We are quite certain that this water distribution would not be on schedule were it not for a foreman named Ado. He is living in Obodan because he is working on a secondary school government project, but has the time to help us since his project has been delayed. His expertise in masonry, steelbending, electrician work, plumbing work, and borehole drilling have been vital to keeping our project's timeframe. Below we have the full team pictured:

Top row, left to right: Ado (foreman), Obanzu (taxi driver), Kelly (mentor), Leerang Mira
Bottom row, left to right: Kofi, Sammy (assemblyman), Lucas

Saturday, August 3, 2013

Akwaaba! Summer 2013 Trip Begins

Greetings from Ghana!

Team 1 (Mira, Lucas, Kofi, Kelly, and Leerang) has safely landed in Ghana and started working on the water distribution project.We are staying at a newly opened hotel called the Spino Lodge near Sammy's farm, and we have been in Obodan every day.

In the past three days, we have begun contacting contractors, inspecting the community's work on the piping trenches, working on the slab, and holding community meetings. We are hiring many local skilled laborers and contractors for this project. The community has pitched in many hours of labor to help.

Kofi, Leerang, Lucas, and Mira meet with Wise Water Engineering representatives. These contractors will help with electric work.

We spoke with the Obodan water committee about their collection of fees at the existing boreholes and about future fee collection for the electric pump system. They reported that fee collection has increased since last year, and the funds have been used around the community for streetlights and a public market. They plan to hire older women who cannot work elsewhere to attend the spigots, and these women will receive a percentage of the monthly collected fees. We emphasized the importance of saving the money to pay for electric bills and incidental repairs and replacements.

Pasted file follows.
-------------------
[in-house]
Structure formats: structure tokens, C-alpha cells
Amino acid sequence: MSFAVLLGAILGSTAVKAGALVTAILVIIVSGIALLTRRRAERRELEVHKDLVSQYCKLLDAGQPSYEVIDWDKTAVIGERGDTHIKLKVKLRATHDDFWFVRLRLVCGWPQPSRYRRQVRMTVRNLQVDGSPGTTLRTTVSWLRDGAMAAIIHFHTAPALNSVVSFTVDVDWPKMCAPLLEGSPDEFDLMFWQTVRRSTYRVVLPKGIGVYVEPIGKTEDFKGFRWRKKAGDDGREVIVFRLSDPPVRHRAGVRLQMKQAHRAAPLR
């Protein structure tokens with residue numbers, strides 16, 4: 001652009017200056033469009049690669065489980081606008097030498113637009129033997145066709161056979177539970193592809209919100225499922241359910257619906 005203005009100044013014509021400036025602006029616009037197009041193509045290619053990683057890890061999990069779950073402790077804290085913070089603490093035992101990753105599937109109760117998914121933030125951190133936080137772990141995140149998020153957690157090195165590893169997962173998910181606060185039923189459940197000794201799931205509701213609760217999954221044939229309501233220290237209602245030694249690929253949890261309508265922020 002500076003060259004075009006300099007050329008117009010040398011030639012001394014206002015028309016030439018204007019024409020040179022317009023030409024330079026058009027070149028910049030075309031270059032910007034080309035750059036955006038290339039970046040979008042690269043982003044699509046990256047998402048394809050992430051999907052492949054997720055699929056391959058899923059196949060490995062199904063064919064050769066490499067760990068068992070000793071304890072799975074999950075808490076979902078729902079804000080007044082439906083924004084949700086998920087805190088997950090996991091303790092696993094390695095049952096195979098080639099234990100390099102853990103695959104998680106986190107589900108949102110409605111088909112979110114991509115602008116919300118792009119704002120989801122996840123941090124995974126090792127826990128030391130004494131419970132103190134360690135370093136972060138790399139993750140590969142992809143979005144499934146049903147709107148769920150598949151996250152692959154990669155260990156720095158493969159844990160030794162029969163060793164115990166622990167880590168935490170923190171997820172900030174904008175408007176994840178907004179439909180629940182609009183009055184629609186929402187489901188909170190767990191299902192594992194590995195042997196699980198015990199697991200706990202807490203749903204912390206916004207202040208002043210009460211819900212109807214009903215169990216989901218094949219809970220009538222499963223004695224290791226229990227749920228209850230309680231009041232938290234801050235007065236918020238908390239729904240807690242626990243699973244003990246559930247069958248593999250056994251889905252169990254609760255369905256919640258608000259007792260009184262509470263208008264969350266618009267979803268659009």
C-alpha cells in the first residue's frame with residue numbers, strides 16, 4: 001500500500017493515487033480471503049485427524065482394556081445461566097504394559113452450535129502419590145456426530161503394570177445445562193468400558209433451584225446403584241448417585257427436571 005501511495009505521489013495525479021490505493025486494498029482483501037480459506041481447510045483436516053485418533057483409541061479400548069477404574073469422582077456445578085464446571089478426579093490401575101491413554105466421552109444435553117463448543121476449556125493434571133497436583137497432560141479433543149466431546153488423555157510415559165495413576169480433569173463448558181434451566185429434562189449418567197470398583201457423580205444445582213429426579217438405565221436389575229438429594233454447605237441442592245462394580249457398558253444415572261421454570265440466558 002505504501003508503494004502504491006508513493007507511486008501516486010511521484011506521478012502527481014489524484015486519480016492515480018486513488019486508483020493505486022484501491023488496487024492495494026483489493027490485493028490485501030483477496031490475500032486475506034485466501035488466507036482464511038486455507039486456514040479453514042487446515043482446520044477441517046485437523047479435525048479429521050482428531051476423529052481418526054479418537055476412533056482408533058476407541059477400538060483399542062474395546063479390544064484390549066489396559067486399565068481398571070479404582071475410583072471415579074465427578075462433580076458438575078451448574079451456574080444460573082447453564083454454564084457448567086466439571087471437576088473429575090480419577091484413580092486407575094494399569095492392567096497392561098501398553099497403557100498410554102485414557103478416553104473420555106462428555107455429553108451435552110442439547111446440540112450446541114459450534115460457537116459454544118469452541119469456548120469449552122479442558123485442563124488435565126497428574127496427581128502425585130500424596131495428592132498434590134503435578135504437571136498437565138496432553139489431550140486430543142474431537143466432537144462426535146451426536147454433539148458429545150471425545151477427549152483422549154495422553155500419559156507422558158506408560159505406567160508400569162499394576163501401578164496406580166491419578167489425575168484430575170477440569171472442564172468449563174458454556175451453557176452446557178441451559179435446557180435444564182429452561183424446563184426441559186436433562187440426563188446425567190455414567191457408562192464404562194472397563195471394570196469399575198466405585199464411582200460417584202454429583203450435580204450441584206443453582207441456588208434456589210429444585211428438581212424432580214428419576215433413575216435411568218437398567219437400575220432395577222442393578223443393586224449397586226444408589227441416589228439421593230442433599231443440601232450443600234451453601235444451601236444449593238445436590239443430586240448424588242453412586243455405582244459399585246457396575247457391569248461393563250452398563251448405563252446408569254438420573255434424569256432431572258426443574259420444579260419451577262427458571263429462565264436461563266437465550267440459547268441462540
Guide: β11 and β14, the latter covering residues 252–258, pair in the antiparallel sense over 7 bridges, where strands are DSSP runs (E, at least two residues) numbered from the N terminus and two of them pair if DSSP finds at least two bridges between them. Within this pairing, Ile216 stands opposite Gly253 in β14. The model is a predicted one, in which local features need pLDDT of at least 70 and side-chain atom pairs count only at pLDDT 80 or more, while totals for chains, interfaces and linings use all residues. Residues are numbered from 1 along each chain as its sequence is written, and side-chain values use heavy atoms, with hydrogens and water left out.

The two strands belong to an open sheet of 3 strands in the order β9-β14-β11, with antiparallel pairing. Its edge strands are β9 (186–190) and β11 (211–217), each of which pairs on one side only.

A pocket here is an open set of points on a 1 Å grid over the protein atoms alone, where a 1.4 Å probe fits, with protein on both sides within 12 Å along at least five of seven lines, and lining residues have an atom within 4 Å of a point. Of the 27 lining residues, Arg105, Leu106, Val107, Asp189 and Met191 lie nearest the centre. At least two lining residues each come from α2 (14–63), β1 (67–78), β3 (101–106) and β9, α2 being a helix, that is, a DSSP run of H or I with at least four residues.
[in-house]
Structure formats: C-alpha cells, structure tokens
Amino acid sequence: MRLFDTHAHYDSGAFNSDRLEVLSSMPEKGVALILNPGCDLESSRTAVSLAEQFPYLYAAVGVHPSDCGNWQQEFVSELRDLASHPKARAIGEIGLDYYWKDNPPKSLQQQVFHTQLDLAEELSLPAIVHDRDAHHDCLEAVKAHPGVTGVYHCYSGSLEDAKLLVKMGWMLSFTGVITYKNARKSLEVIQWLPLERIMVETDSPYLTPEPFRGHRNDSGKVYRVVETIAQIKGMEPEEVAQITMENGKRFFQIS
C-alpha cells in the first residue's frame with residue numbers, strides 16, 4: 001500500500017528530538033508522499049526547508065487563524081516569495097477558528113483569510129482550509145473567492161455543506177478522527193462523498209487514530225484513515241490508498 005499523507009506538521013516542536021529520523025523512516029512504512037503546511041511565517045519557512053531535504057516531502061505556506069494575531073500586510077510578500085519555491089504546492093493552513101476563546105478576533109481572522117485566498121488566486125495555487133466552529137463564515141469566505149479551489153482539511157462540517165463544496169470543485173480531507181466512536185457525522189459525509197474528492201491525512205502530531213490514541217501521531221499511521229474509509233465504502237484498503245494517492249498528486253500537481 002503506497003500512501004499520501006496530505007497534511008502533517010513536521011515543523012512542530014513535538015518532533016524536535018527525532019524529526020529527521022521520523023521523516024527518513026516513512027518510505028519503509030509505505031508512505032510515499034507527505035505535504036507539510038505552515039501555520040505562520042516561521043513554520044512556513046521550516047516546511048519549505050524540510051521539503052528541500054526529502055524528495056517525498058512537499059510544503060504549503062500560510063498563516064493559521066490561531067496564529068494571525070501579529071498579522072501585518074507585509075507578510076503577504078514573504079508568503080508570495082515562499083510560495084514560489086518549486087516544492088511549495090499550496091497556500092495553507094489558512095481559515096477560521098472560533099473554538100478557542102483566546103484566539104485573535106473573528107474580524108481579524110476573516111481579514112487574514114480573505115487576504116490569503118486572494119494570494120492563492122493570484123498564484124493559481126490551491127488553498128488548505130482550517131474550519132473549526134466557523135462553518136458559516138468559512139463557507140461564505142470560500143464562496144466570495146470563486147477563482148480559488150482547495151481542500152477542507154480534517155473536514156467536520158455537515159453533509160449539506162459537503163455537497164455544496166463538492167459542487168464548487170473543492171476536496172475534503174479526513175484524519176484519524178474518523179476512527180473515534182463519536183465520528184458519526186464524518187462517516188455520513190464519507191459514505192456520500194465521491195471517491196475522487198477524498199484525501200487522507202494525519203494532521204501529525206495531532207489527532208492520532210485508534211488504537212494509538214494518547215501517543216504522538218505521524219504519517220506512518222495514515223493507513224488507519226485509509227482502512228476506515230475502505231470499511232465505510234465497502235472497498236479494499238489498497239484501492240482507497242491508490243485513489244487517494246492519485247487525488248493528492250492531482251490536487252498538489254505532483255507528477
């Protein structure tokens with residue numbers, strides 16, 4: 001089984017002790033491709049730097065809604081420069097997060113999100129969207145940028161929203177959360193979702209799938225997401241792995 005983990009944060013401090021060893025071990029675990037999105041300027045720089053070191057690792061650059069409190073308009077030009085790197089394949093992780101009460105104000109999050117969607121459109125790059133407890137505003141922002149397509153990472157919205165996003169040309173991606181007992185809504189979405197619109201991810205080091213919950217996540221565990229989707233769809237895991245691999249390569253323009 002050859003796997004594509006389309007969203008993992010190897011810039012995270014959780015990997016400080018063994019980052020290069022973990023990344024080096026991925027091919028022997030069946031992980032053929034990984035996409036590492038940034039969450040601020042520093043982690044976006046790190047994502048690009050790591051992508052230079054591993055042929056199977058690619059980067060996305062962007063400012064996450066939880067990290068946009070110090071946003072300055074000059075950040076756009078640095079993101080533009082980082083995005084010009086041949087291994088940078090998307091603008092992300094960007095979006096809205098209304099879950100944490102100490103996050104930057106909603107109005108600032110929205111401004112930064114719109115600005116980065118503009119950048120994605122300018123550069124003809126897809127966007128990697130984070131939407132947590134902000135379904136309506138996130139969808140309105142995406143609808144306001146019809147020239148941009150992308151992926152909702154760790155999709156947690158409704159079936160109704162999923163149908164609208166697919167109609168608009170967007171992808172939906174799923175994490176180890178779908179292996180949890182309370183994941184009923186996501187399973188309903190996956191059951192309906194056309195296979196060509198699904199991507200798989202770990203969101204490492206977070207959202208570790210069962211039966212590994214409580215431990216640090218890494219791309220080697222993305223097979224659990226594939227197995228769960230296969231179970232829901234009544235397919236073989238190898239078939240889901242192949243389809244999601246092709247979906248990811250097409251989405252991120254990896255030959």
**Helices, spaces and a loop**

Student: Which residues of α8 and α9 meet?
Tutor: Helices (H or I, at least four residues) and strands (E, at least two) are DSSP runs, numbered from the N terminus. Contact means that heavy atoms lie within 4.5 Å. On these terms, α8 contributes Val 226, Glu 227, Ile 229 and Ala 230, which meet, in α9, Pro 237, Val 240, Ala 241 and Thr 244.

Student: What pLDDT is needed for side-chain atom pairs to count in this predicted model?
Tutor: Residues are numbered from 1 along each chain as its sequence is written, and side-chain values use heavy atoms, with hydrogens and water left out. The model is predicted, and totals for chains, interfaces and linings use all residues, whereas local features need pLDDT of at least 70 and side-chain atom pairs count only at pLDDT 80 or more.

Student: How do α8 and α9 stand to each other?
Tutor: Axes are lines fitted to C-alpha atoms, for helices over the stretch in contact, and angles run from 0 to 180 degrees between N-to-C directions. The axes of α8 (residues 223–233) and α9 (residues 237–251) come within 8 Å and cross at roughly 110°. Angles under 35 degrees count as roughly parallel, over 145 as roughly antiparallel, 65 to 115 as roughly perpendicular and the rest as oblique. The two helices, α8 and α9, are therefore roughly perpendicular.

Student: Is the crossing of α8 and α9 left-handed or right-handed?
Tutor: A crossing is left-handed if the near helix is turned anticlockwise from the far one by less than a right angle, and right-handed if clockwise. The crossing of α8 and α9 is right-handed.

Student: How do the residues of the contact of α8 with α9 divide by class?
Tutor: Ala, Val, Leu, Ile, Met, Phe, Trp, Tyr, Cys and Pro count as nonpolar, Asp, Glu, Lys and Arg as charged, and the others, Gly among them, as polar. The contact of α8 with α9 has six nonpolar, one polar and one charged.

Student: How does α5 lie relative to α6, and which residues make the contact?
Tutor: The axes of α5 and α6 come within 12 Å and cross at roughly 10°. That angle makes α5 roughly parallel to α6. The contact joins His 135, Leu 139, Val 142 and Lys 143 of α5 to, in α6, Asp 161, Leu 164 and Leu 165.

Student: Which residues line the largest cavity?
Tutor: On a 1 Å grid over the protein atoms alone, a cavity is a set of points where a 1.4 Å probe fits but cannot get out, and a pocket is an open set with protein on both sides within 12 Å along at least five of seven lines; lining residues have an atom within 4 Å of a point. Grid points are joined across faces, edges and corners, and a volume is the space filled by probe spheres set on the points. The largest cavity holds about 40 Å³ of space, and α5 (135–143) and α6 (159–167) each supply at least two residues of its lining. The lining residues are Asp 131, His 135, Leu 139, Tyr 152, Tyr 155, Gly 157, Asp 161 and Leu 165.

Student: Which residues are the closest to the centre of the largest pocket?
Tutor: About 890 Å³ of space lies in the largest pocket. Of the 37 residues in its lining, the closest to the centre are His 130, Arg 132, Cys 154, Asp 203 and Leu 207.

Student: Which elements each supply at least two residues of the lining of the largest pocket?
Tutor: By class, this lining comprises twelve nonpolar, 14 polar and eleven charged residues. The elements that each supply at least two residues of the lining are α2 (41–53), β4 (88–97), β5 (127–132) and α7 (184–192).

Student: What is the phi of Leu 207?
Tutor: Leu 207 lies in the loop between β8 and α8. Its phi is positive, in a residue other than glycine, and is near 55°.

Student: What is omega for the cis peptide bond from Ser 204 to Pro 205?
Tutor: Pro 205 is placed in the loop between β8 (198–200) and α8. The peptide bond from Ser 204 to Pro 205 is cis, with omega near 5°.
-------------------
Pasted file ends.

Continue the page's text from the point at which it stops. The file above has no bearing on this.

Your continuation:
Our biggest meeting so far has been with the general community. Kofi, a Columbia student who grew up in Accra, addressed the community to explain the new water system and answer any questions or concerns they had. The biggest concern was employment, now that basic needs have been met with EWB sponsored infrastructure. We explained that our organization does not offer employment or business solutions, but we promised to look into microfinance NGOs to help Obodan reach new levels of development. We are pleased to see the community has independently reached the conclusion that economic development is now their top prioirty.

Kofi speaks on behalf of Columbia University EWB at the community meeting